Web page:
Concrete has played a major role in the construction of the United States’ highways during the since the early 1950’s. Concrete can support heavy loads, such as traffic, with significantly less deformation than asphalt.
Concrete played a major role in the construction of the United States’ highways since the 1950s. Concrete can support heavy loads, such as truck traffic, with less deformation than asphalt. About 60% of the interstate system is concrete, especially in urban areas where Federal Highway Administration (FHWA) anticipates heavy traffic loads. Concrete was selected because of its durability, despite the initial higher cost of concrete over asphalt. Today concrete has become the least expensive alternative for new construction on a first-cost basis in addition to maintenance costs being generally lower. Fox Enterprises has had over 25+ years of experience working on concrete roads and heavy highways all over the United States.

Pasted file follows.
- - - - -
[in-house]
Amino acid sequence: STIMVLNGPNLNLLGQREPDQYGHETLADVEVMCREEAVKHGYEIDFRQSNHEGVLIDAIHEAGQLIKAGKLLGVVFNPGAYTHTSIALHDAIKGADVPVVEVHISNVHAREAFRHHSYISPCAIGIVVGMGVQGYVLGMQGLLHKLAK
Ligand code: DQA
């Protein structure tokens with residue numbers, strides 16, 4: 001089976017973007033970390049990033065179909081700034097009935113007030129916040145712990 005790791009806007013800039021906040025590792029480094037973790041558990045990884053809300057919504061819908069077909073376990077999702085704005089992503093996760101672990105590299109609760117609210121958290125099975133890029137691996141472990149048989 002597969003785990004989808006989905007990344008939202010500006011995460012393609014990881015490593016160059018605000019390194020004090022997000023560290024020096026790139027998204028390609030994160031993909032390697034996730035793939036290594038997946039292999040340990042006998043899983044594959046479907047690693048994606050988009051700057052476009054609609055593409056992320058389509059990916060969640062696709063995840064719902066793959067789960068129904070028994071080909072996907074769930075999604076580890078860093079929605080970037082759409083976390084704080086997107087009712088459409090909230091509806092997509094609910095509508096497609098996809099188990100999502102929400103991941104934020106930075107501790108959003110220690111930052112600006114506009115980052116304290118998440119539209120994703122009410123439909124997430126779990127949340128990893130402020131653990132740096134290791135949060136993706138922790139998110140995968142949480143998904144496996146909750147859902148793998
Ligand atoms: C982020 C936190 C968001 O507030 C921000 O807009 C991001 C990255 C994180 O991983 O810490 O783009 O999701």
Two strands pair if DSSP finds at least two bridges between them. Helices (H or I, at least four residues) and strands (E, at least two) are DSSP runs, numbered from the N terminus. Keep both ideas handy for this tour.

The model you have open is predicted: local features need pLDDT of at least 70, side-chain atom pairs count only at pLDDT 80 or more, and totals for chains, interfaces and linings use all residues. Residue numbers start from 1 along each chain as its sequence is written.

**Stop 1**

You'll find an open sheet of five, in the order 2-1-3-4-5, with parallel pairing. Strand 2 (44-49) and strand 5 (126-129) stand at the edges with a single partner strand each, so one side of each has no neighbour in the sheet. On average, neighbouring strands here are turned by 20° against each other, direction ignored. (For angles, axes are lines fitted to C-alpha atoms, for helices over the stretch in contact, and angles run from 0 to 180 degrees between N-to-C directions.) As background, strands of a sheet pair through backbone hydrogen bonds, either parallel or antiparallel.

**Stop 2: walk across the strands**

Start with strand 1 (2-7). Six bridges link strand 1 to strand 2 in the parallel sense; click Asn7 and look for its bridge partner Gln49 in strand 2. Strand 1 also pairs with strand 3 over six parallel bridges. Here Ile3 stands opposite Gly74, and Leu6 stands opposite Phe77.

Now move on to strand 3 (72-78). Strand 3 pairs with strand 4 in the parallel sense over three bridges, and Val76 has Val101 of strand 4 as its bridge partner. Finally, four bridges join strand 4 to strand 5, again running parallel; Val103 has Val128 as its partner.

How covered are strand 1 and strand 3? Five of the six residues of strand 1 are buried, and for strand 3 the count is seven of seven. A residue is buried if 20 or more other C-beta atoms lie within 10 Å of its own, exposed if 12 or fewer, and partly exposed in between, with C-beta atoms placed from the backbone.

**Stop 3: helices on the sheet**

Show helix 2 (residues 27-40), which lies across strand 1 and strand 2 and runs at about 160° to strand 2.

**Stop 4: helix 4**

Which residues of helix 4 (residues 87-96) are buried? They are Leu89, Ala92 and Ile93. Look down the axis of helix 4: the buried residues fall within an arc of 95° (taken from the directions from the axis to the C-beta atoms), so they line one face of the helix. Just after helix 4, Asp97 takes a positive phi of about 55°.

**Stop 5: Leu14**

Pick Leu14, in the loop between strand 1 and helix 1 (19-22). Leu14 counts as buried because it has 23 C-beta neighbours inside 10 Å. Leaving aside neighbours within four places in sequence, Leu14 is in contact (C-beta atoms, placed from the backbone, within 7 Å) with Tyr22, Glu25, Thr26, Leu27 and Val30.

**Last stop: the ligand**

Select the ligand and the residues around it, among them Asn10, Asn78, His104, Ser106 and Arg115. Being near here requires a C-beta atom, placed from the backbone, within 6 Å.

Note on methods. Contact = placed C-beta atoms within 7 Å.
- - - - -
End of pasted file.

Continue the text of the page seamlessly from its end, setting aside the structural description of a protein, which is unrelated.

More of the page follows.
Concrete highway barriers prevent head-on collisions and are designed to direct the vehicle back into traffic in the event of impact by lifting it slightly when riding up on the angled slope, minimizing vehicle damage while the driver regains control. Barrier walls can also be used to block off closed roads or entrances.
Fox Enterprises in most recent years has put a heavy emphasis on the production of concrete mow strip which supports the steel post and steel wire ropes of Cable Barrier. Cable Barrier installation is a type of median that’s primary focus is to prevent vehicles from crossing over into oncoming traffic. Fox Enterprises has placed thousands of miles of concrete mow strip supporting the Cable Barrier across the southern United States.